Our getBalanceInEth function in solidity returns a uint (alias for uint256) as the first and only value. Therefore we the uint256_0 key name for that input. As described in our base types above, we can select the string or int types.

We also handle multiple returns and arrays. The additional type change for arrays is the addition of Arr to the query type template (${typeName}Arr_${IndexOfOutput}). For example, if you return an array of ints as the second return, the schema name is uint256Arr_1. A Larger example is below.

// Solidity
function returnsOnlyArrays() public view returns(int[], address[], bytes32[]) {
  // ...removed
  return (Arr1, Arr2, Arr3);
}

// GraphQL Query
{
  query {
    returnsOnlyArrays {
      int256Arr_0 {
        string
      }
      addressArr_1
      bytes32Arr_2 {
        decoded
        raw
      }
    }
  }
}

// Result
{
  'returnsOnlyArrays': {
    'int256Arr_0': [
      {
        'string': '2'
      }, {
        'string': '5'
      }, {
        'string': '8'
      }
    ],
    'addressArr_1': [
      '0x0000000000000000000000000000000000000004',
      '0x0000000000000000000000000000000000000007',
      '0x0000000000000000000000000000000000000009'
    ],
    'bytes32Arr_2': [
      {
        'decoded': 'uno',
        'raw': '0x756e6f0000000000000000000000000000000000000000000000000000000000'
      },
      {
        'decoded': 'dos',
        'raw': '0x646f730000000000000000000000000000000000000000000000000000000000'
      },
      {
        'decoded': 'tres',
        'raw': '0x7472657300000000000000000000000000000000000000000000000000000000'
      }
    ]
  }
}

For more examples check out the tests for more examples.

Developing Process (If you want to contribute!)

Required packages

To help develop, you will need to have truffle globally installed. You will also need a fake Ethereum node. Either ganache or ganache-cli work fine.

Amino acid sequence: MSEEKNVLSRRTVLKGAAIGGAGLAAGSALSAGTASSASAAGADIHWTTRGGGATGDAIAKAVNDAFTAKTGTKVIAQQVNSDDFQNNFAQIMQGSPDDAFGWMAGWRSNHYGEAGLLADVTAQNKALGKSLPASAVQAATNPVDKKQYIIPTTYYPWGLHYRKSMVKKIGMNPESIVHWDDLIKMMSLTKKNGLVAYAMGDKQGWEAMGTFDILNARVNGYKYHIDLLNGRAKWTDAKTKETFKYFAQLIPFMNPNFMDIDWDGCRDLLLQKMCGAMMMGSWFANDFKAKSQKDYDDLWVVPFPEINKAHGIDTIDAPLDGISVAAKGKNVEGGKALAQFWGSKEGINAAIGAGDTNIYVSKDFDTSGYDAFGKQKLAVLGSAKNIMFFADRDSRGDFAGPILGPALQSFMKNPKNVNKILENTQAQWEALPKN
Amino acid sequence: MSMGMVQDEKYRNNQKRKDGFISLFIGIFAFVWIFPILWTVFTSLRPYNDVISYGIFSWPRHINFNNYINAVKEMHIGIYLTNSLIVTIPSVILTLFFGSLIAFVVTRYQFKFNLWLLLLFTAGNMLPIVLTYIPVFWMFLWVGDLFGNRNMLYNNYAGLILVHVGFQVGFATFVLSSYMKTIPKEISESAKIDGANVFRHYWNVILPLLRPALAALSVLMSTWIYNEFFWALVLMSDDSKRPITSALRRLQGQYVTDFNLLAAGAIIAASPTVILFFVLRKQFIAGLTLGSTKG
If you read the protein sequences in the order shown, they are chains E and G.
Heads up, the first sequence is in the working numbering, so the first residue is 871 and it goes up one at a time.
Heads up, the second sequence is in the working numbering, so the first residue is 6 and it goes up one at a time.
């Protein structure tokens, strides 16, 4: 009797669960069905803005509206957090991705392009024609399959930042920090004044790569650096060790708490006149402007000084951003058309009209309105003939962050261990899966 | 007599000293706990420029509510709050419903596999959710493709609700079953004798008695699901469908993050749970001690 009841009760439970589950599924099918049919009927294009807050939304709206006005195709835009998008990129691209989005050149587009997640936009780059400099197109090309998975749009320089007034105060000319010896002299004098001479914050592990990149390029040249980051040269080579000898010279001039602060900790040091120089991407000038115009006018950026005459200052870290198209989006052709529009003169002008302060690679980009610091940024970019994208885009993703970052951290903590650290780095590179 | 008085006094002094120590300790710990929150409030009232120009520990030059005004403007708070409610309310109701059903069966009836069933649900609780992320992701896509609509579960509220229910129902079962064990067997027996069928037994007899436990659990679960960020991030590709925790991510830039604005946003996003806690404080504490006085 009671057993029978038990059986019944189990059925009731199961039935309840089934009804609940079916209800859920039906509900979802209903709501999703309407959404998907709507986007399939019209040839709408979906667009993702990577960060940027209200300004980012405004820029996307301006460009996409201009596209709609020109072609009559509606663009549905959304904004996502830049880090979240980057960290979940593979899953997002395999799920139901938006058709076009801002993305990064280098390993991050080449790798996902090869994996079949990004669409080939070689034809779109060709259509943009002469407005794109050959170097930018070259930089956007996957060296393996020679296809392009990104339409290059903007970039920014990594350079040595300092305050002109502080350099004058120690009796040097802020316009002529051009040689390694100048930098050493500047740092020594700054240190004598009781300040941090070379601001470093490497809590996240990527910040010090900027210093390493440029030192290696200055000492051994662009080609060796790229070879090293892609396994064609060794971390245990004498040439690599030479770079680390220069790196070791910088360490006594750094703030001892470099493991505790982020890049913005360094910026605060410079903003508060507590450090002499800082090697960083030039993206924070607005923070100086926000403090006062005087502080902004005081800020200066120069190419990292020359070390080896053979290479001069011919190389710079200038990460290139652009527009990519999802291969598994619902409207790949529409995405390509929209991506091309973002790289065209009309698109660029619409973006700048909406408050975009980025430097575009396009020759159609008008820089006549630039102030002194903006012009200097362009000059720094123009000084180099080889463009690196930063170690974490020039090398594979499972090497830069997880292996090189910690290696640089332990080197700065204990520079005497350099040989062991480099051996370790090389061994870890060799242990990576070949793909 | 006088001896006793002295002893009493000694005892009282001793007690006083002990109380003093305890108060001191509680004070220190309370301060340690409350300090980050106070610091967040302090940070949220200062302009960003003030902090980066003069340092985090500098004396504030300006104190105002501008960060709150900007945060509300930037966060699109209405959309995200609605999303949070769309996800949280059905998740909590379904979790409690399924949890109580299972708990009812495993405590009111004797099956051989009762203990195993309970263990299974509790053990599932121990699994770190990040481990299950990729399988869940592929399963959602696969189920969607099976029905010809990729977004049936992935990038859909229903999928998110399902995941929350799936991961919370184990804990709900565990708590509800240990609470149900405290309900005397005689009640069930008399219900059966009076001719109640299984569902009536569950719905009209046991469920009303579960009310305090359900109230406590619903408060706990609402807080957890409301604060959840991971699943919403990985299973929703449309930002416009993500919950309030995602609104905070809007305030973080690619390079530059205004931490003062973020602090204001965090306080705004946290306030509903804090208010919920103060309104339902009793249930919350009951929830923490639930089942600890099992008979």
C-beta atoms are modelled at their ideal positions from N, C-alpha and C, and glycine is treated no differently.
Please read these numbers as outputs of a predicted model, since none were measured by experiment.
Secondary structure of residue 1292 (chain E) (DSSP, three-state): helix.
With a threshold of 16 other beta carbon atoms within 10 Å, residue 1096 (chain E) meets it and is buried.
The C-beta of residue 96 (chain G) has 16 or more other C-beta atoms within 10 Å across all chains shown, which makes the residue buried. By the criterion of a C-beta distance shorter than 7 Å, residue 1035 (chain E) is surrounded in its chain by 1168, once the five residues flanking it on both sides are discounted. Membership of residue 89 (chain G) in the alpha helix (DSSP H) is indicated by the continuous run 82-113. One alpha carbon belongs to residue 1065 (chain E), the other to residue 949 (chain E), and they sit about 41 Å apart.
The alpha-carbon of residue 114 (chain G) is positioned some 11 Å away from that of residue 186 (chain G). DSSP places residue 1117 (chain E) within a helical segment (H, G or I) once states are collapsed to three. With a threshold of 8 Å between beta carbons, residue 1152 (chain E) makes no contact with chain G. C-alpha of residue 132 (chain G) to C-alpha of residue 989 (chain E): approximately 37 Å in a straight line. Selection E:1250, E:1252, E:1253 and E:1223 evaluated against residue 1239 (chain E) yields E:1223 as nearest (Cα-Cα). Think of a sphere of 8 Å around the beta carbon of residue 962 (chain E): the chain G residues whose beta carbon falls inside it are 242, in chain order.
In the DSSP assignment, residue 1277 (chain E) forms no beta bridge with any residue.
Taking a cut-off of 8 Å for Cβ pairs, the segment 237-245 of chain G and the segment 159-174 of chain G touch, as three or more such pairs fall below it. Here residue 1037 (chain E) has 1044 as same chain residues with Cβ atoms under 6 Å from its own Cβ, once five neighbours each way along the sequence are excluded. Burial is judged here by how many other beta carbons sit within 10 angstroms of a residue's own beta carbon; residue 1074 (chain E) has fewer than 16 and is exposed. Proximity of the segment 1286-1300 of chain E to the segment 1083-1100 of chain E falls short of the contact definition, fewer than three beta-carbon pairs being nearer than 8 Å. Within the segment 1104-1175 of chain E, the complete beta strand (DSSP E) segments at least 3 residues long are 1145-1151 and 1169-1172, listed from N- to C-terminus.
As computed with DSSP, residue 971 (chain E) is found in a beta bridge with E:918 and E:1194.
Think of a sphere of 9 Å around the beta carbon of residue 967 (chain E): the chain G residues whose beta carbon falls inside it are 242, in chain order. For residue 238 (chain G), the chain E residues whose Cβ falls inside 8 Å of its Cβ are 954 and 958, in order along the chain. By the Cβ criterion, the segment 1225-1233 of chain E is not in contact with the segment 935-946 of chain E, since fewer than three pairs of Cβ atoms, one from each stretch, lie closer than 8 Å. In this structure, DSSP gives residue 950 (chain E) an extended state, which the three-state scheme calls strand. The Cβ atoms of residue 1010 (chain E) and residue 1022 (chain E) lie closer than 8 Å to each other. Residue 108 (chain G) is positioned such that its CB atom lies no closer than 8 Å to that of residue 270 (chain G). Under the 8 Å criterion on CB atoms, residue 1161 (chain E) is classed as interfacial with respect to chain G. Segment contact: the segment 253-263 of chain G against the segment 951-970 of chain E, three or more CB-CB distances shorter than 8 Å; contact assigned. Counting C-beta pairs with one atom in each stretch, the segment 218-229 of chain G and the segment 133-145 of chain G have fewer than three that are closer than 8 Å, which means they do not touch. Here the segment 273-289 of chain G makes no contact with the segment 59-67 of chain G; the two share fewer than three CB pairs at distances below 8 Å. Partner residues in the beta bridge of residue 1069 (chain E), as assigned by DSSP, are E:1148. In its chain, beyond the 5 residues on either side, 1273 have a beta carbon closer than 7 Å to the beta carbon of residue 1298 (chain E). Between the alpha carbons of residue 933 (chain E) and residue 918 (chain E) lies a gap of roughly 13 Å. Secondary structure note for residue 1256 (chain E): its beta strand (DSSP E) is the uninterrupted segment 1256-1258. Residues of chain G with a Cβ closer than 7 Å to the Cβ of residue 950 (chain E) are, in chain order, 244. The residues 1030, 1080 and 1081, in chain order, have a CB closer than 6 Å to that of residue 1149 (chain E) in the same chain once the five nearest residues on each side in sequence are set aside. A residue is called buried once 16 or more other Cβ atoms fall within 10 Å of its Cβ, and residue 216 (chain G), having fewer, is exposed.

Testing

There are 3 components to testing/developing for this repo: Smart Contracts, Ganache/Ganache-cli, and Jest. To test, you have to first launch Ganache/Ganache-cli, then Deploy your smart contracts via npm run build-sc, and lastly you run npm run test. You only have to do npm run build-sc if you modify the smart contract, or if you restarted you Ganache/Ganache-cli command. If you only modify the javascript code, then you do npm run test to run tests.

Special note about ganache/ganache-cli, they start on different ports (8545, 9545) respectively. The test suit has been configured to work with ganache the app. The default account in ganache is staticly set to 0x8B5D608836459Ddb0725C64036569c7630a82FBF. If you use ganache-cli, you will need to set the correct account in test/intro.test.js line 8.

Starting fresh or ganache restart/refresh

  1. Start Ganache
  2. npm run build-sc
  3. npm run test

Modified the Smart Contracts

Ganache is running already

  1. npm run build-sc
  2. npm run test

Modified only Javascript and already did fresh start

Ganache is running already

  1. npm run test

GraphiQl for Testing

There is also a gaphiQL server in this repo. You run in by calling npm run start. This will allow you to test graqphQL queries locally at localhost:4000/graphql